Phase Angles and Complex Numbers

Discussion in 'General Electronics Chat' started by lendo1, Jun 4, 2011.

  1. lendo1

    Thread Starter Active Member

    Apr 24, 2010
    34
    0
    So Chapters 3 and 4 of the E-book (which is a fantastic resource by the way, thank you to the developers!) deal with inductive and capacitive AC circuits.

    The physics of inductive and capacitive responses to AC makes perfect sense to me, as does this statement from the chapter:

    "For the resistor and the inductor, the phase relationships between voltage and current haven't changed. Voltage across the resistor is in phase (0o shift) with the current through it; and the voltage across the inductor is +90o out of phase with the current going through it. We can verify this mathematically"

    Ok, the voltage across the inductor leads the current, and the voltage across the resistor is in phase with its current. Well, what exactly does the total current, and more importantly the phase angle of the total current, tell us about the circuit? If the voltage and current through and across any component will be just a property of that component, what does it mean to have a total current of 5 amps at an angle of -35 degrees? Is this just an abstraction, or would current in a 0 resistance/reactance part of the circuit actually be lagging behind the voltage source waveform at any given time? Oh, and why?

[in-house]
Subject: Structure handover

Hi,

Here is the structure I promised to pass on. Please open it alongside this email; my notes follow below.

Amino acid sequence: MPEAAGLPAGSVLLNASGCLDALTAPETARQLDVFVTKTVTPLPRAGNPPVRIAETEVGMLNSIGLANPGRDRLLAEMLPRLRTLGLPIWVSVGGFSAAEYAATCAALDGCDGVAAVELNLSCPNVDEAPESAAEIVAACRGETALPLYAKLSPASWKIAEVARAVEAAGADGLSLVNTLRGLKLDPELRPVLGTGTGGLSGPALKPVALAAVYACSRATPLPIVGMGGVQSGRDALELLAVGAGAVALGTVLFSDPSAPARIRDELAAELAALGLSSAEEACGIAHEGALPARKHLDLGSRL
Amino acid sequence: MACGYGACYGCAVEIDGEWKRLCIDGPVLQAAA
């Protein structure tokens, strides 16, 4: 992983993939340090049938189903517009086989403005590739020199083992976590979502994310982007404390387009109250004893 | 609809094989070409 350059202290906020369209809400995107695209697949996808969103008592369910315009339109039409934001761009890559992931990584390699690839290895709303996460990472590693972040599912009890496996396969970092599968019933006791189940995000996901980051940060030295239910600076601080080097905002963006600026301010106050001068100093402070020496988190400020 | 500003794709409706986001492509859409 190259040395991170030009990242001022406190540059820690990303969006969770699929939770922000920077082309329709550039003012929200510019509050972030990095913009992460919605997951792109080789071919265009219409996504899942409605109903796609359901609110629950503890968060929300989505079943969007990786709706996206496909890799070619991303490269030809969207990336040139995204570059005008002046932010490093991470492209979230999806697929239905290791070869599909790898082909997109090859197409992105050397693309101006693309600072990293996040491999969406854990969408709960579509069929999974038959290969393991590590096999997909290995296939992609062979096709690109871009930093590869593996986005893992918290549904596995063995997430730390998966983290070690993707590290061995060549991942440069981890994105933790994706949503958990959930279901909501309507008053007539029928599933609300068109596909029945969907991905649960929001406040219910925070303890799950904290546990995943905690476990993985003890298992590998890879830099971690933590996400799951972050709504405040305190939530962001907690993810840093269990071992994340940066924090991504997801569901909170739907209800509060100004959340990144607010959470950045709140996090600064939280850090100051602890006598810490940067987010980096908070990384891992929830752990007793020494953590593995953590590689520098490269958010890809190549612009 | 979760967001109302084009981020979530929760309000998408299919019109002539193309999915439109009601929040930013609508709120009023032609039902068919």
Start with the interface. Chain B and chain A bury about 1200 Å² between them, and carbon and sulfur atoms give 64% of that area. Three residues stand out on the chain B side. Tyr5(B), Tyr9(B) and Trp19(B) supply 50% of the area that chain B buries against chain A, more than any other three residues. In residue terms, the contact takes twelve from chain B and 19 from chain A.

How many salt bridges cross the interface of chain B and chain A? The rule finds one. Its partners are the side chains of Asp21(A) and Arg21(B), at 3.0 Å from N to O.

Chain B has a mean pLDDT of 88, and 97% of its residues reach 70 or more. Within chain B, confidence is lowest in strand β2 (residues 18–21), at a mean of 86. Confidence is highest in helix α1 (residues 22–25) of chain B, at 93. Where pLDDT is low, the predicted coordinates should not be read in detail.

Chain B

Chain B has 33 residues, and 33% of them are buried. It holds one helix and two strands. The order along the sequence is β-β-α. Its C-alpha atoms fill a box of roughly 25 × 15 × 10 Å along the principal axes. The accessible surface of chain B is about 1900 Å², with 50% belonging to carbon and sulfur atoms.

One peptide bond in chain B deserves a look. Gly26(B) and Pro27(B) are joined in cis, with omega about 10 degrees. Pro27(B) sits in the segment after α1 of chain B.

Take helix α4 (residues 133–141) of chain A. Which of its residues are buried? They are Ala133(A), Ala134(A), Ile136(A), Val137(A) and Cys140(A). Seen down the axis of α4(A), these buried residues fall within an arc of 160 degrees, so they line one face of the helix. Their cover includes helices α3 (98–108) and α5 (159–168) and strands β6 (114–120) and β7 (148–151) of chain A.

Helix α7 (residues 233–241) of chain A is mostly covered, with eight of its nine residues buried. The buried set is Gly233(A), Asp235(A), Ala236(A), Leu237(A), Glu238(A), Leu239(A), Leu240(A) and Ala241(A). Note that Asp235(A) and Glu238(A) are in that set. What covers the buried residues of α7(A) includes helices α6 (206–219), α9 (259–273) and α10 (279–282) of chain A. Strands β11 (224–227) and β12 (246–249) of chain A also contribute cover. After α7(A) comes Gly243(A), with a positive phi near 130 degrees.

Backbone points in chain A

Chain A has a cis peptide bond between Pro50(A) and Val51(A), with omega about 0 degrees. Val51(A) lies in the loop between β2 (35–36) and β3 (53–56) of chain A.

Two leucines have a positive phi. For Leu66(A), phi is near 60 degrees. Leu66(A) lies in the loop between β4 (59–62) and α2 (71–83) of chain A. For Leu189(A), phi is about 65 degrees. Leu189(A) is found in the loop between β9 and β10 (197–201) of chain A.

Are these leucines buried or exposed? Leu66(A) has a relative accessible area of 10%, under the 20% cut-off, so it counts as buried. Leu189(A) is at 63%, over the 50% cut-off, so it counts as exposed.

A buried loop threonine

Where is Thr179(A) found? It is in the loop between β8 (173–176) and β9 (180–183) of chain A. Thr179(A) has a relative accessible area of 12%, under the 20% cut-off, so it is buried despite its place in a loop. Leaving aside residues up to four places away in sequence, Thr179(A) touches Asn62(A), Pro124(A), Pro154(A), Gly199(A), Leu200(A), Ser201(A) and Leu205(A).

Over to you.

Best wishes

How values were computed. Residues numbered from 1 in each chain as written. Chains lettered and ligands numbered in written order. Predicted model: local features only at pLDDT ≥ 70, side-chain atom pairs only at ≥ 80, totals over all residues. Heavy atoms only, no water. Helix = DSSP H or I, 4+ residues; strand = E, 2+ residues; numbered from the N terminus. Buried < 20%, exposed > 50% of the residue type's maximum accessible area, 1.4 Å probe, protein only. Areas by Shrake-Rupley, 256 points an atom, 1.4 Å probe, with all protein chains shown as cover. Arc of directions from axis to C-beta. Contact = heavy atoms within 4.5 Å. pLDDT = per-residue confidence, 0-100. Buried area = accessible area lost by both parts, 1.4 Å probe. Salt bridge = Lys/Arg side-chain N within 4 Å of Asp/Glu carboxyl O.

Thanks in advance
     
  2. t_n_k

    AAC Fanatic!

    Mar 6, 2009
    5,448
    782
    The phase angle of -35 degrees would normally indicate the angle of the current waveform in relation to the supply [source] voltage waveform.

    So in this case the circuit current would apparently lag the supply voltage.

    If this were (say) in reference to a series RLC circuit driven by an AC source then the individual components would have the anticipated phase relationship between the current and their respective terminal voltages. The current would lag the inductor voltage by 90°. The resistor voltage would be in phase with the current. The current would lead the capacitor voltage by 90°. If one were to take the vector [or complex] summation of the three individual component [VR, VL & VC] voltages, they would add to a value equivalent to the source voltage in terms of both magnitude and phase.
     
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